Episode 32 – Nathan and Troy – gay dads

Nathan and Troy, from Sydney, became parents to their son (Noah) in May 2023. They are actually a SASS team and came to us already self matched. Noah was carried by their surrogate Amy, who has been friends with Nathan since high school. They navigated a journey with some distance (Sydney to the Central Coast) and moved to stay closer to Amy and her family from a month before birth to 8 months post birth. Their embryos were made in Utah using an egg donor from a clinic in the US, so they have many experiences on which to draw insights.

This episode was recorded in November 2023.


These podcasts were recorded as part of the free webinar series run by Surrogacy Australia. If you would like to attend one, head to this page for dates and registration links. The recording can also be found on our YouTube channel so you can see the photos that are described. Find more podcast episodes here.

The webinars are hosted by Anna McKie who is a gestational surrogate, high school Math teacher and surrogacy educator working with Surrogacy Australia and running SASS (Surrogacy Australia’s Support Service). 

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Are you an Intended Parent (IP) who is looking to find a surrogate, or a surrogate looking for Intended Parents? Join SASS.


Welcome to Surrogacy Australia’s podcast series. I’m your host Anna McKie and my aim is to raise the level of awareness of surrogacy through these conversations. This podcast is a recording from a webinar that I host and you can find more details about those and upcoming dates on our website at surrogacyaustralia.org. The webinars are free, go for an hour and will take you through how surrogacy works in Australia. You can ask questions, typing them in anonymously if you prefer.

and you hear from a co-host who has navigated surrogacy in Australia, either a surrogate, a gay dad or a straight mum. This episode, recorded in November 2023, features Troy and Nathan. Nathan and Troy from Sydney became parents to their son Noah in May 2023. They are actually a SASS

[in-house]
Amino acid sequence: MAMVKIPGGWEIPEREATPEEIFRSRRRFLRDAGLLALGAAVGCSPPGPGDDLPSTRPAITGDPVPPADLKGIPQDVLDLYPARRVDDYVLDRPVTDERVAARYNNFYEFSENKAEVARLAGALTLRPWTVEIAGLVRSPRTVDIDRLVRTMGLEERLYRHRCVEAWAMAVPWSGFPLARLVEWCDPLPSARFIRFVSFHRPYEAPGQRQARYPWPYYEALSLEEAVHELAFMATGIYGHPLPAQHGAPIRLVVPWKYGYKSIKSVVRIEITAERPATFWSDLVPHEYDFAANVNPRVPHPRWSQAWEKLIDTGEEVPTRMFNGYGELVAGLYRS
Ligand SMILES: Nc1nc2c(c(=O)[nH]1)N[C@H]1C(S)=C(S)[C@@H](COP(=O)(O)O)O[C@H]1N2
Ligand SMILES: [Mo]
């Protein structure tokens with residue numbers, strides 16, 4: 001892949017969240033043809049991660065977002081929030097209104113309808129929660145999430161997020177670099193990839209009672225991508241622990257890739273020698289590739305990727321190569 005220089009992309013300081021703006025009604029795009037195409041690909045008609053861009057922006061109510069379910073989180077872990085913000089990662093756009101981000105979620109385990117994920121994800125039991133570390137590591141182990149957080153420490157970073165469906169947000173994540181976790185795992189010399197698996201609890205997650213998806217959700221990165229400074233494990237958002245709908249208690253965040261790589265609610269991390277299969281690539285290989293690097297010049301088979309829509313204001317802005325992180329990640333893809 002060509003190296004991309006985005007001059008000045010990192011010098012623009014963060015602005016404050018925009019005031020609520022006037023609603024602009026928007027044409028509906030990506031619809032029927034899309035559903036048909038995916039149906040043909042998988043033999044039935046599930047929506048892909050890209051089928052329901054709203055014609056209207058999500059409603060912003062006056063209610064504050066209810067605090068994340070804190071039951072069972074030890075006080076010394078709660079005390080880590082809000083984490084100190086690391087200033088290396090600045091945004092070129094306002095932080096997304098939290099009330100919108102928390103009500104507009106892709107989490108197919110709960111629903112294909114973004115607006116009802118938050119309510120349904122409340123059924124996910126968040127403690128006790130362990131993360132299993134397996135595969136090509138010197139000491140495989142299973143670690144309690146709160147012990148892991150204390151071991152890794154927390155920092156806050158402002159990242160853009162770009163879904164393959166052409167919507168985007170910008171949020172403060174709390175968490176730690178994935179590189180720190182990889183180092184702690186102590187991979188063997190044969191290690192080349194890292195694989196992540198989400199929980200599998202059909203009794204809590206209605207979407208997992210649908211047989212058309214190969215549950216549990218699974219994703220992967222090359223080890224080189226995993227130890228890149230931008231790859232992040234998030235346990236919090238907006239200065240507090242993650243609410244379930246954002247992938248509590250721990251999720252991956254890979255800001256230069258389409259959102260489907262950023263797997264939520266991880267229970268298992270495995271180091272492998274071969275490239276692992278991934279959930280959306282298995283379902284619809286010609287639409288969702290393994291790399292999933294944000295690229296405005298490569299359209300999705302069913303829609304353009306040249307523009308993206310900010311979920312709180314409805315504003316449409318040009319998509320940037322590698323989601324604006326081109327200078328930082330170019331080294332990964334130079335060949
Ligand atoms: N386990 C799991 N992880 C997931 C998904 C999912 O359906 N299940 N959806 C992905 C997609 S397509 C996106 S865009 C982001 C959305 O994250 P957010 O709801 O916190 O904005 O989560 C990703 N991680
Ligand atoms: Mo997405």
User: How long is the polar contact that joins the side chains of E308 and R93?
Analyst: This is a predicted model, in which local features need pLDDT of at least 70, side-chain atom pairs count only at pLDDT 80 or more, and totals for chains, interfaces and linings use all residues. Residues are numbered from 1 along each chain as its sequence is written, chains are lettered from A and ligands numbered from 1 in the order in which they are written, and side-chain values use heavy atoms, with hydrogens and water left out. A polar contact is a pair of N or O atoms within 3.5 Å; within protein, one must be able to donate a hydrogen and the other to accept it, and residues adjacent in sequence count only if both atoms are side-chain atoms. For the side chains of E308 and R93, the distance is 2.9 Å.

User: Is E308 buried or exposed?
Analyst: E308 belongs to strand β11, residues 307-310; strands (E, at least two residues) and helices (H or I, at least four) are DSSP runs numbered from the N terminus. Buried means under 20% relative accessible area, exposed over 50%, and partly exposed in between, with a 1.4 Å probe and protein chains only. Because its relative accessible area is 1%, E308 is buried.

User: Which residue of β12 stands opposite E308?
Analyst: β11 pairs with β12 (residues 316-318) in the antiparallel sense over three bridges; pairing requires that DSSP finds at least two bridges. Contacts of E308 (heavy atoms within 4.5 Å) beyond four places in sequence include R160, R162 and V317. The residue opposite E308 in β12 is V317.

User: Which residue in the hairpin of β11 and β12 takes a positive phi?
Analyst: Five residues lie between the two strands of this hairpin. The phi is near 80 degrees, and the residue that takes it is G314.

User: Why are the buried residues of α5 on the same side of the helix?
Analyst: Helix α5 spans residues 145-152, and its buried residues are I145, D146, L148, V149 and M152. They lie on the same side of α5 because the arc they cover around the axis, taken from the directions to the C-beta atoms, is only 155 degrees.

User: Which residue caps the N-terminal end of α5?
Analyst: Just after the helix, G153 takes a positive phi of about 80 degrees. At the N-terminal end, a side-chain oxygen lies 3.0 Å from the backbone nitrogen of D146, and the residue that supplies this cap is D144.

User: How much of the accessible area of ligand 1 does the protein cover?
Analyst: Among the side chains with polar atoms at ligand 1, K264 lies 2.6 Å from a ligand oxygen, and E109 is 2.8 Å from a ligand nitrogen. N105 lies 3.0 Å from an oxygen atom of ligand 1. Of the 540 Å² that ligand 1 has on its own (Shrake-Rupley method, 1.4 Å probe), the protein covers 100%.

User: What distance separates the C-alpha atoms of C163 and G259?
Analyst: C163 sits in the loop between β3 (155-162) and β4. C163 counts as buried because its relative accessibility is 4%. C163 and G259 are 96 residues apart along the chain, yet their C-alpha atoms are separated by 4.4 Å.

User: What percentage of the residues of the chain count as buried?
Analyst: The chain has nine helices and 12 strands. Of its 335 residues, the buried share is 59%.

team and came to us already self-matched. Noah was carried by their surrogate Amy, who has been friends with Nathan since high school.

They navigated a journey with some distance, Sydney, to the Central Coast and moved to stay closer to Amy and her family from a month before birth to eight months post-birth. Their embryos were made in Utah using an egg donut from a clinic in the US, so they have many experiences on which to draw insights. In this episode, we talked about the bubble post-birth that teams experience. To be generous when your surrogate asks for things because she’s not going to ask for a car.

have ongoing counseling during the pregnancy and post-birth for the IPs, as a couple and individually, as a whole team and for the surrogate too. Doing a parenting course prior to birth was very beneficial. For context, this surrogate Amy was one of the attendees on the night of the webinar, so she added in a few comments along the way and it was lovely to have her input and humor. I hope you enjoy this episode. We’ve got two co-hosts with us tonight, first time doing that, Troy and Nathan, and so we’re gonna launch through

their beautiful photos to get a bit of a snapshot of their journey. So gentlemen, take it away. Tell us who’s in this photo and what was happening. Yeah. So obviously this is very early on in our journey. Um, this was to celebrate, I guess, forming a team. So it was right at the very beginning, which is exciting. And obviously that’s Amy on the far right. Um, who’s our incredible friend and was our surrogate. And of course there’s myself and Nathan, Amy’s partner, Gareth, who was a huge amount of support, particularly to Amy and us.

through the journey and I think partners often get forgotten through these journeys. And obviously Amy’s kids, there’s Riley and Brooks. Riley being the youngest of the two. Beautiful. And we notice as we go through these photos, Amy’s kids age, the kids get older through this journey, isn’t it? Yeah, we’ll go through the photos and perhaps we’ll go back to the beginning then as to how the offer all came to be. Then obviously, well, there’s a lot of stuff that goes on in between from when you first officially become a team to getting to the point of an embryo transfer. Do you roughly remember the timeline

when that offer and the chats about surrogacy was first on the table and then how long it took to do the paperwork and things. Our journey started a few years before we got to surrogacy. We originally explored adoption and co-parenting and then I think we landed that surrogacy was the best fit for our family and so we started to do lots of research and to explore what that could look like both onshore and offshore. I think for us we joined a few social media and Facebook groups initially and we started to prepare our introduction as a family.